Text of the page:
Content, Content – Who’s Reading?

When I was growing up, my little family of five ate dinner together every night. We also spent many weekends together in the car driving to and from Grandma’s house. At home, we read the Sunday paper sprawled out on the living room floor and made a huge production out of holiday entertaining.

There were times when you could describe the scene in my house as chaos. As children, my sisters and I were encouraged to participate in a conversation and tell our story at the end of the day. Once in a while, the excitement of overlapping versions of stories and conversations that went in two directions got a little loud. At those moments, my father would raise his voice over the commotion and ask, “Who is listening?”

It is nearly impossible to talk and listen at the same time. Furthermore, the purpose of talking, as I was taught, is to impart information to another party. There is an inherent futility in talking when no one is listening. In such an instance, my father would certainly advocate silence.

Everyone is writing content

The age of content marketing has progressed to a point where everyone is writing. I am a writer at heart who would write even if no one were reading. (Plenty of my writing has yet to find a reader, and I don’t care.) Personally, I don’t feel special because I write; it makes me feel normal, like breathing. But even as a writer, I am overwhelmed by all the words coming at me on a regular basis. I can read, of course. I like to read, but I just can’t keep up. I realized the other day as I was scrolling through Facebook, that my brain only attempted to focus on bits of text that were no more than three lines long. Those written in a larger font on a colored background were most likely to hold my attention long enough to discern some message.

An economy of words

In our global economy, words are cheap. Five dollars can buy you 500 words to post on your website. They could even incorporate a couple of keywords for SEO value. Suddenly the volume of words is not the goal. Anyone can do that.

The value of words is what you need to consider.

How much information do those 500 words impart to your customers? Do they provide the facts about your products and services? Can they add value to the customer experience?

A list of 500 random English words will have zero value to your SEO or your customers, even if you spend five dollars to acquire it. The most valuable content enriches your brand and engages the audience. It connects with common human emotions and conveys more than meaning. The words that come from you, a business owner and human being, to your readers, more human beings, carry the most value. It takes a personal touch to connect with your customer base because you know them best while you are also intimately familiar with the products and services you offer.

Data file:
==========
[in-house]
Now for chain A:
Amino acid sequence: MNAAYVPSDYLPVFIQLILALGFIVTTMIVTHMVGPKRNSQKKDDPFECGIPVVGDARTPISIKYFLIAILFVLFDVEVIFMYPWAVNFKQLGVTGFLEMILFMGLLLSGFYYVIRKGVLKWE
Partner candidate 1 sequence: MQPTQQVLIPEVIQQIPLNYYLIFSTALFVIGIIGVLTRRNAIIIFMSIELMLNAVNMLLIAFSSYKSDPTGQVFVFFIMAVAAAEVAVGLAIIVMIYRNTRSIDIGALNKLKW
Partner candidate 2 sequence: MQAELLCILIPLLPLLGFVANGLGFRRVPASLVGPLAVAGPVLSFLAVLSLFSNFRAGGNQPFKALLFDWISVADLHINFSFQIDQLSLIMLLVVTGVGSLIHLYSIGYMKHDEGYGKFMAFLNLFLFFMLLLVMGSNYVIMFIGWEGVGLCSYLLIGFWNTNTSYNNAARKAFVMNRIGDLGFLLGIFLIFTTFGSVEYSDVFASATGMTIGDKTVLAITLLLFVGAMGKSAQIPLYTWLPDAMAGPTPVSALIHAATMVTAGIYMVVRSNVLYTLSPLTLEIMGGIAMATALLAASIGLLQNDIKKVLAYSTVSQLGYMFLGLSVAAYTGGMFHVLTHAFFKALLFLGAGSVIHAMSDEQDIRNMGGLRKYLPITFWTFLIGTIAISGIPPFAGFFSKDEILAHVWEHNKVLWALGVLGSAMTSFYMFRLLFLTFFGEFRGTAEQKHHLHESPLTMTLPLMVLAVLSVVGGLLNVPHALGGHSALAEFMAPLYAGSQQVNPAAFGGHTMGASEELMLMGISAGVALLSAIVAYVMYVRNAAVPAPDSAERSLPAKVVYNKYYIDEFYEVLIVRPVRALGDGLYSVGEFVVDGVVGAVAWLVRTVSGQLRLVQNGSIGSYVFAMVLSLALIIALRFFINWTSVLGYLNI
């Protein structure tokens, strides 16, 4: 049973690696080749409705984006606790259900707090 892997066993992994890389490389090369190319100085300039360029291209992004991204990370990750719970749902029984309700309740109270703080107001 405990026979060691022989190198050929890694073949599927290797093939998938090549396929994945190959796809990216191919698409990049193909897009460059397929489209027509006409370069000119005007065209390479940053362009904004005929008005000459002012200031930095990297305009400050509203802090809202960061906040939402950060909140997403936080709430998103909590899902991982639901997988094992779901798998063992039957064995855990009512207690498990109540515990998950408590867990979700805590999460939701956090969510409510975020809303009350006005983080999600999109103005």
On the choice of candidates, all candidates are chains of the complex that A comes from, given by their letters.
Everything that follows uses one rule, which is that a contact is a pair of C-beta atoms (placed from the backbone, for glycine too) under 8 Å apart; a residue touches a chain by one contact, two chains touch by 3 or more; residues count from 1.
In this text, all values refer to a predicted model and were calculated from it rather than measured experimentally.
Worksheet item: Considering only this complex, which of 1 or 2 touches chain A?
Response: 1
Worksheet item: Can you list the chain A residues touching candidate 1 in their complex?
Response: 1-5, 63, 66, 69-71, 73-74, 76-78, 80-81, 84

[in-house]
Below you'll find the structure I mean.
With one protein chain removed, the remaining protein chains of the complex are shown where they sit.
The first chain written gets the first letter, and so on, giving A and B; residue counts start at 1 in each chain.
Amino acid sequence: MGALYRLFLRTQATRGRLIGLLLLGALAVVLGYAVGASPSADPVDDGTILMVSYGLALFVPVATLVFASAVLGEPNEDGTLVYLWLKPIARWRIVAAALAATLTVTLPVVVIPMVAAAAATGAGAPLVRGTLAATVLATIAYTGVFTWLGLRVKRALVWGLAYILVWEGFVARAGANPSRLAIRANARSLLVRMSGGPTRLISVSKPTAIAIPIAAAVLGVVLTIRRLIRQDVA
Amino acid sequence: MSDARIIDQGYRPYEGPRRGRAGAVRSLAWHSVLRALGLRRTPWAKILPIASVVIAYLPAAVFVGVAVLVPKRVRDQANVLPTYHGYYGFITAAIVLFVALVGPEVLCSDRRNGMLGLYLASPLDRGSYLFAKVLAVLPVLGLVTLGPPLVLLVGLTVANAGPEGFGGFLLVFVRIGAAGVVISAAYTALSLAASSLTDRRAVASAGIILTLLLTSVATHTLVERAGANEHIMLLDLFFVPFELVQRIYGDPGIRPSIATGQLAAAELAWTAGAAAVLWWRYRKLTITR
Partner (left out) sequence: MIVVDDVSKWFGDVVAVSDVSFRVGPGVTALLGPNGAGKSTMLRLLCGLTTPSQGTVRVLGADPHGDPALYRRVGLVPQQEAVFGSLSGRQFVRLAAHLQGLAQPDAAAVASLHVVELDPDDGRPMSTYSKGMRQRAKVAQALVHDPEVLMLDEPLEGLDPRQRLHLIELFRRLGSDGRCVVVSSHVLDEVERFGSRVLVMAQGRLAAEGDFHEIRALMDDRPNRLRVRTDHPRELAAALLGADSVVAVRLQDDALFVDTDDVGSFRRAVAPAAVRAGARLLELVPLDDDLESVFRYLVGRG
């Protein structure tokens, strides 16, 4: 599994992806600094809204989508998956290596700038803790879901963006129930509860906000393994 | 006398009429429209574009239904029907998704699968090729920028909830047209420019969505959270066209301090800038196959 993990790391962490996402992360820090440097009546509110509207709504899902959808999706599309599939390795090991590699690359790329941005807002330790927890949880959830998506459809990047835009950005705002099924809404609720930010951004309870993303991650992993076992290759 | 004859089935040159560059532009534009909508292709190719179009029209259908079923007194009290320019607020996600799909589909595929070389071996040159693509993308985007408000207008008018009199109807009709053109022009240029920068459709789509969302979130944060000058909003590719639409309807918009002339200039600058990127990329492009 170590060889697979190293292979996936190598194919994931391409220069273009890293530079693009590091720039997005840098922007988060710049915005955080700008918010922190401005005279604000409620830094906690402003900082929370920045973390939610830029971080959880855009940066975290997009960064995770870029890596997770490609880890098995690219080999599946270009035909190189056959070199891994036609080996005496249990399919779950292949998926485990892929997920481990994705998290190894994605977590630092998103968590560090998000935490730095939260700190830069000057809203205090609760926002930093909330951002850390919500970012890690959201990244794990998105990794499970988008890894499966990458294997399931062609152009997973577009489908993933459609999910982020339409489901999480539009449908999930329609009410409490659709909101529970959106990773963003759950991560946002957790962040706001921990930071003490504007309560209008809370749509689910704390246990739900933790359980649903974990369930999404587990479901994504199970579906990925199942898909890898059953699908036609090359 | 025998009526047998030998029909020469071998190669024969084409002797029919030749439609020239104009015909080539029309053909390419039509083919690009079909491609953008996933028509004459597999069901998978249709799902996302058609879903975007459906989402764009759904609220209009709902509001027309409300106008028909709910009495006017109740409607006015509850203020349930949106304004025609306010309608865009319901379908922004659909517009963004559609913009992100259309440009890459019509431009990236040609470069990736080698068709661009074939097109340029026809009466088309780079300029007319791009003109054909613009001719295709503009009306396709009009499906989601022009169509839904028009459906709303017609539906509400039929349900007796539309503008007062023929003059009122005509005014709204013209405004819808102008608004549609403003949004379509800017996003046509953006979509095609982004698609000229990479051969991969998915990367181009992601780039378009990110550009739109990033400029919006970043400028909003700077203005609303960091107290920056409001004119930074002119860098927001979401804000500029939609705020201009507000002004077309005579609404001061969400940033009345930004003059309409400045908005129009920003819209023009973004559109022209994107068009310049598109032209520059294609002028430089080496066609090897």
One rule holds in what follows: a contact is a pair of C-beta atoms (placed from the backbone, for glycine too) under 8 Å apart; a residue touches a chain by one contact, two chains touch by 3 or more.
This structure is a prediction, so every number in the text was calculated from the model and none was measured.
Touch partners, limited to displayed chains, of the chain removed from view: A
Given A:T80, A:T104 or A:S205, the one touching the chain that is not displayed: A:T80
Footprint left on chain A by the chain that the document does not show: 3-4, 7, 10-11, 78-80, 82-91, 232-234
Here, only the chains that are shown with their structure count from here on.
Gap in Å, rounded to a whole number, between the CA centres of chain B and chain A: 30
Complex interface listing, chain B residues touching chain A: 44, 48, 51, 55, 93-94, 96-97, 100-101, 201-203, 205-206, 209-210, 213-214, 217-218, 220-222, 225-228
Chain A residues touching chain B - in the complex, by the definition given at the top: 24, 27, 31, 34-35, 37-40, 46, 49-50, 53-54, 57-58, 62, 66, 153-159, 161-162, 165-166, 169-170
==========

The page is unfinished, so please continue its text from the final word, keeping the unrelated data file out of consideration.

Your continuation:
Do the math

Ugh! Yes, I had to bring math into this discussion because everything about business comes down to math, eventually. If it takes you one hour to write a 500-word blog, what do those words cost? What is your time worth? How much revenue could you bring in for your business if you did something else with that hour? I’m not an expert with numbers, but I feel confident that your 500 words cost more than five dollars. In fact, I’m also pretty sure that it takes you more than one hour to write a clear and polished 500-word blog.

Here’s the part you’re not going to like. We’ve established that a five dollar blog has very little value to your business, while one that you write yourself costs more than five dollars. So, how much do you have to spend to get 500 words that actually create engagement with your audience and add value to the customer experience? I don’t know. Only you can determine that.

Who’s reading, anyway?

In the middle of a raucous family dinner, when my father shouted out, “Who’s listening?” the answer was usually the same. It was a cacophony of responses from each one of us, trying to get our story heard. My sister would usually repeat the phrase she is now famous for in the family, “Listen to me.” Dad would then arbitrate the conflict and announce who would have the floor. We would impatiently listen, waiting politely for our turn to tell our story.

In the absence of a virtual mediator, everyone continues writing web content and flinging it out there at someone and no one in particular. When your content connects with your audience, they will read it. Until then, they scroll by.

We are all producing content, you have to decide where to buy the content with the most value for your business. I can tell you one thing for sure. If my father were the arbitrator of the noise of content on the internet, he would tell everyone to be quiet and read mine.

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